4 Merchandise Inventory What is inventory? Items held for resale to customers Who has inventory? Wholesaler or Retailer -Merchandise Inventory Manufacturer -Raw Materials -Work in Process -Finished Goods
5 Merchandise Inventory 1.Acquisition of inventory: What costs to capitalize? 2.Recording inventory activity: Which method? 3.Selling inventory: Which cost flow assumption? 4.Ending inventory: Lower-of-cost-or market valuation.
7 1. Acquiring Inventory What items or units to include? – General rule: complete and unrestricted ownership.
8 Acquiring inventory - contd. Which costs are included in inventory? – General rule: all costs associated with purchase or manufacture, including shipping to facility. – Freight-in (transportation-in) adds to the cost of inventory. – Purchase returns reduce the cost of purchases (contra) for returned inventory. – Purchase allowances reduce the cost of purchases (contra) for reduced prices due to damage or errors. – Purchase discounts from early cash payments (contra) reduce the cost of purchases.
9 Figure 7.3: Perpetual System December 10 Purchase of 100 units @ $20: Inventory 2,000 Accts. Pay.2,000 December 20 Sale of 50 units @ $30: Cash1,500 Sales1,500 COGS 1,000 Inventory1,000 December 30 AJE to recognize loss of 5 units @$20 each (170 on hand, books show 175) Loss 100 Inventory 100 2. Perpetual Method
10 Class Exercise E7-6 20082007 Sales$1,262$1,277 Cost of Goods Sold (COGS): BI$268$287 Purchases857887 GAS$1,125$1,174 Less: EI239268 COGS886906 Gross Profit$376$371
11 E7-6 a. Assume that counting errors caused the ending inventory (EI) in 2007 to be understated by $50 and the ending inventory in 2008 to be overstated by $50. Compute the impact of these errors on cost of goods sold for the year ended December 31, 2007 and on the inventory balance as of December 31, 2007.
12 E7-6 b. Compute the impact of these errors on cost of goods sold for the year ended December 31, 2008 and on the inventory balance as of December 31, 2008. c. What is the impact of these errors on cost of goods sold over the two-year period ended December 31, 2008?
13 E7-6 a. Error in Ending Inventory in 2007:The $50 understated error in the Ending inventory means that the Ending Inventory should have been $268 + $50 = $318. This would change the Cost of goods sold to $1,174 - $318 = $856 which would then increase the Gross profit to $421 ($1,277 - $856).
14 E7-6 b.Error in Ending Inventory in 2008:= The 2007 error in the Ending Inventory changes the Beginning Inventory in 2008 and the Goods Available for sale to $318 + $857 = $1,175. To calculate the Cost of Goods Sold the Ending Inventory for 2008 is deducted from the revised Goods Available for Sale: $1,175 – ($239 - $50) = $986. The gross profit would then be $1,262 - $986 = $276.
15 E7-6 c. 2007 2008 Original CGS $906 $886 Corrected CGS $856 $986
16 3. Cost Flow Assumptions Given: BI + P (net) = EI + COGS How to assign costs of inflows [BI + P(net)] to EI and COGS? Methods: Specific identification Average for both COGS and EI FIFO - (first-in, first-out) for COGS – and LISH (last-in, still here) for EI LIFO - (last-in, first-out) for COGS – and FISH (first-in, still here) for EI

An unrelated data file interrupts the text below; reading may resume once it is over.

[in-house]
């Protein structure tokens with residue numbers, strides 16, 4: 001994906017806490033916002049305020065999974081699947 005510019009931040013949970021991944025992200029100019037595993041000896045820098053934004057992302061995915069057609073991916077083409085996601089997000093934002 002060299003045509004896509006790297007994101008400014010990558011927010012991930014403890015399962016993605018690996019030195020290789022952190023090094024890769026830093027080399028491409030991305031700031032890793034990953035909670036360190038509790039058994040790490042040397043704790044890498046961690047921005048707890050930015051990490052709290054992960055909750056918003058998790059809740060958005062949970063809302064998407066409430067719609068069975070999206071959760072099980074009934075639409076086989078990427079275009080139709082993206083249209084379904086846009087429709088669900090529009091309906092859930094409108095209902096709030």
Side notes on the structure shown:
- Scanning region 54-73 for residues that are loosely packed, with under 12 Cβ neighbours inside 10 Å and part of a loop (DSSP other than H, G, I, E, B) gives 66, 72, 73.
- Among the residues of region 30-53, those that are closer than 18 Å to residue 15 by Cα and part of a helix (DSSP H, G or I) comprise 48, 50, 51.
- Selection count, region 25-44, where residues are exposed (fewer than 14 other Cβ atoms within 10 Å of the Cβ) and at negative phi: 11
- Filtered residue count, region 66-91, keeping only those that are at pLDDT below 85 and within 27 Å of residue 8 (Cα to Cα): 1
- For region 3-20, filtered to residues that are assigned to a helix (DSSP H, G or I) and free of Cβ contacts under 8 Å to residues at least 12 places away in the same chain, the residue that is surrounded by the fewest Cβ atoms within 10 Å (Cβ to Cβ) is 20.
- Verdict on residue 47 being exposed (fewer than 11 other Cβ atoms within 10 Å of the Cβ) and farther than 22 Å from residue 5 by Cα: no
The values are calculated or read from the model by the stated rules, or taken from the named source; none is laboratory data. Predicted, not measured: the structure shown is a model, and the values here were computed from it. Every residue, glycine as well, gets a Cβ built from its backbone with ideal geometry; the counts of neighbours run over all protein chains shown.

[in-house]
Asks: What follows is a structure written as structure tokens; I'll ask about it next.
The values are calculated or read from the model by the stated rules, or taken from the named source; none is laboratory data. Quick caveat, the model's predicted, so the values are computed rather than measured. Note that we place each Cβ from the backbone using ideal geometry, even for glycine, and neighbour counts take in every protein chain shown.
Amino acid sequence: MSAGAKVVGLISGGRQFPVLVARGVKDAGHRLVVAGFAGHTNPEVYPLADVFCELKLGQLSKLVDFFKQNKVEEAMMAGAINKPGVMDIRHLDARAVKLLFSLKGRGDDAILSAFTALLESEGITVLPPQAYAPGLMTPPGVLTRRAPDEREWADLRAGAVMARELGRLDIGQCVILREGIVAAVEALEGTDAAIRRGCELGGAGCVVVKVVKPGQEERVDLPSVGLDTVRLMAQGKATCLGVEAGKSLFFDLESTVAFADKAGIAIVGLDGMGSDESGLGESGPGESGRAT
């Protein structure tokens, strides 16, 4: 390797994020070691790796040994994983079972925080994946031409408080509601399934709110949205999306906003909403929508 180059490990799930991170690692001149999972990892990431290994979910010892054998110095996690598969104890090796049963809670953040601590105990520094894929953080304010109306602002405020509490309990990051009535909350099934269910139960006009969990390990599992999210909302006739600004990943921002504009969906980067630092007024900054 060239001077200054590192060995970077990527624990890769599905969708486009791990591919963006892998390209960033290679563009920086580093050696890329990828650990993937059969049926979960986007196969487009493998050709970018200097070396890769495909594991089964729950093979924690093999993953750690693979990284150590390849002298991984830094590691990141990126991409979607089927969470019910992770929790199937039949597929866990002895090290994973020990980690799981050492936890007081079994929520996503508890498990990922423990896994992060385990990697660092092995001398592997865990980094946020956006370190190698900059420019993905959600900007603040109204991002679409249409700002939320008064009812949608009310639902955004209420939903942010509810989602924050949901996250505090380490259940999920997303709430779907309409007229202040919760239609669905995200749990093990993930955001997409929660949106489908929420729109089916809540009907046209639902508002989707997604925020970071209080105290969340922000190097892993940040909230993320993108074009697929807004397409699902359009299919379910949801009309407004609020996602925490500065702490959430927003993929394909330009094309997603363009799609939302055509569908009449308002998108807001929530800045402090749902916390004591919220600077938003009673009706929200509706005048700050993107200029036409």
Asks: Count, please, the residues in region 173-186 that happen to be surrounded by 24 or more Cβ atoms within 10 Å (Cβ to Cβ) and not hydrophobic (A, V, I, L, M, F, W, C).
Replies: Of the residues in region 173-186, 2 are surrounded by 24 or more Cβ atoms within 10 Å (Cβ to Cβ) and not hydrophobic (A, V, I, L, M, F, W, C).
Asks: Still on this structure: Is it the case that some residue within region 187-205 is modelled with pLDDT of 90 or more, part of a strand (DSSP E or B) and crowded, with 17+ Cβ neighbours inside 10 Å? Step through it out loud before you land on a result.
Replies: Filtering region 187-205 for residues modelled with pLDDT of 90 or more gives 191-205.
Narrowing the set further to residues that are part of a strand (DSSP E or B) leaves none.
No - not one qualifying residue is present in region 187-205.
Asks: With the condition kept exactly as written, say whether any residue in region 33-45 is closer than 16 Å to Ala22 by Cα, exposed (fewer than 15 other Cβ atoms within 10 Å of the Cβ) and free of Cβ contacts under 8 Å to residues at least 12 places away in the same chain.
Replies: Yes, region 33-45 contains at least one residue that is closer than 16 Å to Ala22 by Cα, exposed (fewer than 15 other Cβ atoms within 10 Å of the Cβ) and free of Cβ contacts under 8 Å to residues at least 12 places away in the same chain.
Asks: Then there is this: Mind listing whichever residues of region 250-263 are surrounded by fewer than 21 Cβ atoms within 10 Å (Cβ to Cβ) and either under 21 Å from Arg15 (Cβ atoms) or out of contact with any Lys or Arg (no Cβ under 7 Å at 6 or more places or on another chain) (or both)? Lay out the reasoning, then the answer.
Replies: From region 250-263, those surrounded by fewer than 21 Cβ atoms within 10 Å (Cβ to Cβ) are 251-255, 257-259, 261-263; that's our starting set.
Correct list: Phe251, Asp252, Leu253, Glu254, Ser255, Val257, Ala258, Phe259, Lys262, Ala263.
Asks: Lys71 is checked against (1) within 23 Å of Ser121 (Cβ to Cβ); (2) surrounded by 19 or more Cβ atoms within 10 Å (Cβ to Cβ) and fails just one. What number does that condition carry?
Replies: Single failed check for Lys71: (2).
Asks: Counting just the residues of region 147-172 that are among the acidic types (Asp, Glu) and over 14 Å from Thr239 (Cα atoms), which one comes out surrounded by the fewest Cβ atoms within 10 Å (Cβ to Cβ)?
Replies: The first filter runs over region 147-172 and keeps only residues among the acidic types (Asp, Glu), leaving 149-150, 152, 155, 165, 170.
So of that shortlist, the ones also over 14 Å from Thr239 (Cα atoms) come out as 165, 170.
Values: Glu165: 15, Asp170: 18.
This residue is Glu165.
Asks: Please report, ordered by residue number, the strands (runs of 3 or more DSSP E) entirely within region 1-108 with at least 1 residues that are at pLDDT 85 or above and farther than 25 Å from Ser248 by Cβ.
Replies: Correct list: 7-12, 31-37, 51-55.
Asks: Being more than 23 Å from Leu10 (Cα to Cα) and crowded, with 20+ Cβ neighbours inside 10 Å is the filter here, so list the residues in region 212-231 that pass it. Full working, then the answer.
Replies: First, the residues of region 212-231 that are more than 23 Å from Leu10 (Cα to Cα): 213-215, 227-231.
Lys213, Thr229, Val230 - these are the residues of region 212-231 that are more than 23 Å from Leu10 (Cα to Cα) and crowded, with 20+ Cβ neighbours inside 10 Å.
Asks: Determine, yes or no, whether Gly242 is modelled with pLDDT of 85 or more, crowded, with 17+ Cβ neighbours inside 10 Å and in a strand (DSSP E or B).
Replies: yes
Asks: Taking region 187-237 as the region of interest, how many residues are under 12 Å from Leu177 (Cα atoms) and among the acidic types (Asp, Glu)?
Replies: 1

17 International Perspective – Cost Flow Assumptions Under IFRS the LIFO method is prohibited. This poses an important potential impediment to the adoption of IFRS in the US. Most LIFO users in the US have chosen LIFO because it results in an income tax savings. DuPont, for example, has saved over $150 million in income taxes because it uses LIFO. A shift to IFRS could impose a huge and immediate tax burden on LIFO users in the US.
22 Cost Flows – Effects on Financial Statements
23 Cost Flows – Effects on Federal Income Taxes
24 Choosing an Inventory Cost Flow Assumption: Trade-Offs Income and Asset Measurement Economic Consequences – Income Taxes and Liquidity – Bookkeeping Costs – LIFO Liquidation and Inventory Purchasing Practices – Debt and Compensation Practices – The Capital Market
25 Ending Inventory: Applying the Lower-of-Cost-or- Market Rule Applying the lower-of-cost-or-market rule to ending inventory is accomplished by comparing the cost allocated to ending inventory with the market value of the inventory. If the market value exceeds the cost, no adjustment is made and the inventory remains at cost. If the market value is less than the cost, the inventories are written down to market value with an adjusting journal entry.
26 The Lower-of-Cost-or-Market Rule and Hidden Reserves Based on conservatism, ending inventory is valued at cost or market value, whichever is lower. Problem: can create hidden reserves – Recognizes price decreases immediately – Defers price increase recognition until sold US GAAP and IFRS use different market values when applying the lower-of-cost-or- market rule. Under US GAAP the market value is usually the replacement cost. Under IFRS it is normally the realizable value.
27 International Perspective: Japanese Business and Inventory Accounting Just-in-time (JIT) inventory systems, which reduce the costs of carrying large amounts of inventory without jeopardizing customer service, have long been a characteristic of this Japanese system and have given the Japanese a definite advantage when competing against U.S. industry. Japan has adopted international reporting standards (IFRS), which does not allow the use of LIFO.